may be contrasted with things very large: day, throughout the year, may, in this climate, be compared with night; byt that conțrast will not prove that, through the year, day and night are, in this climate, equal. And, in like manner, punishment may be contrasted with reward; the happiness bestowed on holiness, with the misery consequent upon vice; yet, I think, such contrast affords no solid proof that a wicked man shall be miserable for exactly so long a period as a good man shall be happy.

The whole building of texts which Mr. F. has here erected must therefore fall, because the foundation rests upon the sand.

VOL. IV.

3L

II. Mr., F. in the next place, desires his readers to receive “all those passages of Scripture which speak of the duration of future punishment by the terms everlasting, eternal, for ever, and for ever and ever,” as conclusive in favour of the doctrine of the eternity of hell torments, in the sense in which he understands that expression.

But this second argument cannot possibly be admitted as at all conclusive, until Mr.F. shall have clearly demonstrated that the specified terms are invariably used in Scripture in that sense in which Mr. F. would have his readers take thein.

Such a demonstration I hold to be impossible, and therefore reject Mr. F.'s argument as altogether inconclusive. And it appears to me that any person must entertain the same opinion, after an attentive consideration of the following passages of Scripture: Gen. xvii. 8. Num. x. 8. Gen. xlix. 26. Hab. ii. 6. i Sam. iii. 13. Exod. xxi. 6. Num. xxiv. 20. Deut. xiii. 16. Jude, 6, 7. Ps. xc. 2. Isaiah, xxvi. 4. Deut. xxxiii., 27. Whoever will be at the paiijs attentively to consider the terms everlasting, eternal. &c. which occur in these passages, will find that not the arbitrary affirmation of Mr. Fuller, or of any other man, but the nature of the object or event to which they are applied, must determine the extent of their signification.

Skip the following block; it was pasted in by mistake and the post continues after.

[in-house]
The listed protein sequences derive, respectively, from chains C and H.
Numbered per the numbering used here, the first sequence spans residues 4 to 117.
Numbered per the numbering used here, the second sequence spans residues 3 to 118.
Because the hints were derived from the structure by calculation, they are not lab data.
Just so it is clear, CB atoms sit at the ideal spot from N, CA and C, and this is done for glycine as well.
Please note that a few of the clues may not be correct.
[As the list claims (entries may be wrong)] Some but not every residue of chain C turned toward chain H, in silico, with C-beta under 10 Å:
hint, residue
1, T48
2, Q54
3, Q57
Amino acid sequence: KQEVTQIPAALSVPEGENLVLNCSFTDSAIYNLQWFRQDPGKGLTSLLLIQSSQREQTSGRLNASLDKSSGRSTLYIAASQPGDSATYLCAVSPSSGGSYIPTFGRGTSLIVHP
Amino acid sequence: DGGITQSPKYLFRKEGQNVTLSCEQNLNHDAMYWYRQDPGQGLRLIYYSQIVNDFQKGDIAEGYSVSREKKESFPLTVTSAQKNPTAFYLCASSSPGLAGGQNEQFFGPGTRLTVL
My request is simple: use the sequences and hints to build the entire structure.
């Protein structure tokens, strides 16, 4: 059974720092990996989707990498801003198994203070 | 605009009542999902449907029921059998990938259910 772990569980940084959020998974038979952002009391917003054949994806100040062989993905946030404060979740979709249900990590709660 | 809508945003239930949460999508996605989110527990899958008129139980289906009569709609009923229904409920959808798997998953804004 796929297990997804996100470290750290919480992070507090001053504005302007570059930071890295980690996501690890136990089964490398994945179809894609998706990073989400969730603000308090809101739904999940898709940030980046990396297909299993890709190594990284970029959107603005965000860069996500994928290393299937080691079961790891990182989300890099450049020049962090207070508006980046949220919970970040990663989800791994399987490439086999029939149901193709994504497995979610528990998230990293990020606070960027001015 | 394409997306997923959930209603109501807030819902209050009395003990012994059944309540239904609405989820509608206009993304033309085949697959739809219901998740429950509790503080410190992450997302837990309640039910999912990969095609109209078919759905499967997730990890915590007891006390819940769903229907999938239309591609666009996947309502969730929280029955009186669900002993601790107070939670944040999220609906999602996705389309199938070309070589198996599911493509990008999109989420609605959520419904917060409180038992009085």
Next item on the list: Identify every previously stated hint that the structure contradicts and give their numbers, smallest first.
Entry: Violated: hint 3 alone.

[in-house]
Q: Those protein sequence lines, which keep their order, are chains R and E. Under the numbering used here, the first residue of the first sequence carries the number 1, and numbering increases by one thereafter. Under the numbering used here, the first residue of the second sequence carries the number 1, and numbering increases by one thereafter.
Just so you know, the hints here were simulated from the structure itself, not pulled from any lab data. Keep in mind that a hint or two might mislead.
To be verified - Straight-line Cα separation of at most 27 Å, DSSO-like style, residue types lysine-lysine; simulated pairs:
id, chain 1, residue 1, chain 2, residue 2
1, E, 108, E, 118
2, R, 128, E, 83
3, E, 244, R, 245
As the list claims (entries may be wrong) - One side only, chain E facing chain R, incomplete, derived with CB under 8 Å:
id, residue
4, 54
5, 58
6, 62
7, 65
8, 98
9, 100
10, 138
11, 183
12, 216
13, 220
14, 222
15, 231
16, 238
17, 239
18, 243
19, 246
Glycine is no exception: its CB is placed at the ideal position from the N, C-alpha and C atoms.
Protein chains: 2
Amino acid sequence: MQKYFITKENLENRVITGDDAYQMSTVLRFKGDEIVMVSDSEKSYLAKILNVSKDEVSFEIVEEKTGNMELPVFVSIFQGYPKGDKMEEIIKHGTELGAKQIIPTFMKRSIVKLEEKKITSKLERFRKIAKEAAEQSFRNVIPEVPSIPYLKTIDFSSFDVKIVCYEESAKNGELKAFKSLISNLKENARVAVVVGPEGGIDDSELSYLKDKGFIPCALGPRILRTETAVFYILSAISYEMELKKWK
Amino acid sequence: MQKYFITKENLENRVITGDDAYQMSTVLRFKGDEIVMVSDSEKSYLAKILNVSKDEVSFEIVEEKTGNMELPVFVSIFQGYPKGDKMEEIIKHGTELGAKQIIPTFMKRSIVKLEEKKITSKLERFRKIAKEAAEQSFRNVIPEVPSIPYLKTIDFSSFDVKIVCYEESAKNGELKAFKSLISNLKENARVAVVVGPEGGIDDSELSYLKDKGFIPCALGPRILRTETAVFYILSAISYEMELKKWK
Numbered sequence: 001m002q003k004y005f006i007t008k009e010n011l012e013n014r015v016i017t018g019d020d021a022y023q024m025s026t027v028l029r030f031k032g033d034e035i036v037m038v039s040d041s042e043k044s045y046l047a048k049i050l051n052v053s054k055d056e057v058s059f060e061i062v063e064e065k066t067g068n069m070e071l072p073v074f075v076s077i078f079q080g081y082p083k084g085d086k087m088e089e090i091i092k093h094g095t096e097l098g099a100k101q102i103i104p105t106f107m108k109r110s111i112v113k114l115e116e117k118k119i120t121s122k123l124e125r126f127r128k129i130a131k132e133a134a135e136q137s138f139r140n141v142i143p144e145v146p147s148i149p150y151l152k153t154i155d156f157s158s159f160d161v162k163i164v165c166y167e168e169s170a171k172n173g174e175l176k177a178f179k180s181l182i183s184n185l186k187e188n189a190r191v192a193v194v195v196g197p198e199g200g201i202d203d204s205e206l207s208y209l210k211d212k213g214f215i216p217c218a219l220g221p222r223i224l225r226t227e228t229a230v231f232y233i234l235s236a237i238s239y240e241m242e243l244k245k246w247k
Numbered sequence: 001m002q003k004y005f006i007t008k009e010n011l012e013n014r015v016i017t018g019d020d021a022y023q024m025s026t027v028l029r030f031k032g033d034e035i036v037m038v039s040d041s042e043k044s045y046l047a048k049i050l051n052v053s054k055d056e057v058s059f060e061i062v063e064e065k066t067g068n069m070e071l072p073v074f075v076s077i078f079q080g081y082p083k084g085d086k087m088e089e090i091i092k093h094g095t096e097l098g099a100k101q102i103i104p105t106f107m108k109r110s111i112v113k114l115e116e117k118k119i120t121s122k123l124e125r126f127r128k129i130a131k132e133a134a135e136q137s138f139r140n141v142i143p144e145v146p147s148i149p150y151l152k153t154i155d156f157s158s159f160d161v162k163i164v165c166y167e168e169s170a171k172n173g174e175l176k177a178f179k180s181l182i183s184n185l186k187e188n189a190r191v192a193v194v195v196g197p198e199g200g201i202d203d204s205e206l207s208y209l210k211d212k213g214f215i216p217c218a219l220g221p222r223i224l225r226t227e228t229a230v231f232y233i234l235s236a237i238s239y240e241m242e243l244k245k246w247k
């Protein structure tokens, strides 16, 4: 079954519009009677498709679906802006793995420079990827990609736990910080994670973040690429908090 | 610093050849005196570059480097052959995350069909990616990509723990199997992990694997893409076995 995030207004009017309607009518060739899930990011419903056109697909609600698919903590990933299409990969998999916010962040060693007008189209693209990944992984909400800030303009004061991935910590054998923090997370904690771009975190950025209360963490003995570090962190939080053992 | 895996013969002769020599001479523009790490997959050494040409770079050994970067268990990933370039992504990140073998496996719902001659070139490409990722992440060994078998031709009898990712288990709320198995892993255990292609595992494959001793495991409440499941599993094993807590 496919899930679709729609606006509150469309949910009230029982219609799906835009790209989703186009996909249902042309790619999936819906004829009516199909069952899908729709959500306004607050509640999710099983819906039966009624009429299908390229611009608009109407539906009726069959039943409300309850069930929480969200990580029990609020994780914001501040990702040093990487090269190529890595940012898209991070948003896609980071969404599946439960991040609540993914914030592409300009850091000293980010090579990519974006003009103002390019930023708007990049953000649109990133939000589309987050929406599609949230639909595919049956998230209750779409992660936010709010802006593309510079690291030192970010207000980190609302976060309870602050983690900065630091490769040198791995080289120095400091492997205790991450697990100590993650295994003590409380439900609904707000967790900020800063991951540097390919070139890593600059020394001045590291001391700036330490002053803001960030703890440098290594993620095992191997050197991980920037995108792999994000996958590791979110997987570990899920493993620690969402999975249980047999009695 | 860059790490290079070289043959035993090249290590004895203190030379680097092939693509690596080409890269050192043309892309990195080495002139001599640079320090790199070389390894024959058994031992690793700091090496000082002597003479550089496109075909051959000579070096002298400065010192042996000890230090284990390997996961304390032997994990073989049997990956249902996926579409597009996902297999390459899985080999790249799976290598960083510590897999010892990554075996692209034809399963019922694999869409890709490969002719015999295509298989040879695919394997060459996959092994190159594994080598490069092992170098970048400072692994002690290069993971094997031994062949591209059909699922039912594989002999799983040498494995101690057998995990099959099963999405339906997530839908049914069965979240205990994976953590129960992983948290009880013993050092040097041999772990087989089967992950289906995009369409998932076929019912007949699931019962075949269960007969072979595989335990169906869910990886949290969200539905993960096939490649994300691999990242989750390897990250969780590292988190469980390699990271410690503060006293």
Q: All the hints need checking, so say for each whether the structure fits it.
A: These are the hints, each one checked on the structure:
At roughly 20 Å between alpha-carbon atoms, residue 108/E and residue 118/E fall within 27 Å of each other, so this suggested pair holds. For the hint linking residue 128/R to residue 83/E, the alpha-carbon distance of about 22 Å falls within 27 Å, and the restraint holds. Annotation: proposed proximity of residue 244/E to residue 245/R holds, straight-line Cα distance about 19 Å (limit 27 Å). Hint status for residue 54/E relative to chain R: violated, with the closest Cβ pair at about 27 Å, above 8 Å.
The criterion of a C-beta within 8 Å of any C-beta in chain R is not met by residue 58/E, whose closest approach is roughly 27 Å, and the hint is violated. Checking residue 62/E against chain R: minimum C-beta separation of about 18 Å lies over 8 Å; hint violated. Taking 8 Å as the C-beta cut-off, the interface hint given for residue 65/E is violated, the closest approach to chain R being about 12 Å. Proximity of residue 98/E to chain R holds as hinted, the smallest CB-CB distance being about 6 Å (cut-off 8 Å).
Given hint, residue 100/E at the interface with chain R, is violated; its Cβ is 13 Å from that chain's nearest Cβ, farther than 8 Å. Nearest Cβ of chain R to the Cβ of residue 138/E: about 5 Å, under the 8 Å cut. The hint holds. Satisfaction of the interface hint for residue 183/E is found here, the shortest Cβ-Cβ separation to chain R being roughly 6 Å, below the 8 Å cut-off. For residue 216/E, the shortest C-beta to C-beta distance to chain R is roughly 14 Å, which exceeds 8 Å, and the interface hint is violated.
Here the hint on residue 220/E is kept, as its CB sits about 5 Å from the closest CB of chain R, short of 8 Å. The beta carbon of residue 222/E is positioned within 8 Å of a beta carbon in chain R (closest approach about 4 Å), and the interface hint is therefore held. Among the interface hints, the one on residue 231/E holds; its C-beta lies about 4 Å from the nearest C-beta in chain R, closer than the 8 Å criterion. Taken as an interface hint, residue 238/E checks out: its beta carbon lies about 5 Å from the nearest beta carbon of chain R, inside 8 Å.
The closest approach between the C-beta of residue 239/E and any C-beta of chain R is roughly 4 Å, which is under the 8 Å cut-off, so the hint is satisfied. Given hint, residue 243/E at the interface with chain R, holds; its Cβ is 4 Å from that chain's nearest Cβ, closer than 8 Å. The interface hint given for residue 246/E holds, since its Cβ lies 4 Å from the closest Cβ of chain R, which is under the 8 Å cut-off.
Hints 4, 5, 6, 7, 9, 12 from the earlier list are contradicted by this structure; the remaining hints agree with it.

I cannot, therefore, admit that this second argument concludes with certainty concerning the matter in dispute.

III. Mr. Fuller's next step is, for the purpose of inducing us, his Readers, to consider" All those passages of Scripture which express the duration of future punishment by implication, or by forms of speech which imply the doctrine in question," as conclusive in favour of the eternity of future puristiment

, in that sense in which he asserts it. . But if it is disputed whether there ate any plain express declarations in the Scriptures of that absolute eternity of 'hell torments for every human being who dies in his sins, which Mr. F. teaches and preaches, much less will any argument from implication, so dependent upon the mere fancy of the expositor, be, by any means, admitted as of the least solidity.

...:. : Shall I briefly ruri through Mr. F.'s enumeratiour of texts in support of this argument by implication? He who shall compare John, xvii. 9. with ver. 20 and 21 of the same chapter, will see a proof of what is abově asserted respeting the fancifulness of such an argument as this by implication, and at the same time an instance either of oversight in Mr. F. or of want of skill in Hebrew'idiom. For my own part, Mr. Editor, I should as soon deduce, by implication, the absolute'eternice of hell torments from these words; - God is the saviour of 61 men, especially of those that believe," as from Jolin, xvii 9.0"?> Q...

Matt. xii. 31, 32. proves the certainty of punishment to the personi whd should blaspheme the holy spirit, but says not that such person shall be eternally tormented. "Mark, üi. 29. is a repetition of the same.

How 1 John, v. 16. 'which asserts that there is a sir anto DIATÁ, proves that the sinner shall have eternal Life in hell torments, is, surely, not easy of comprehension.

-90 990 **

71 JOY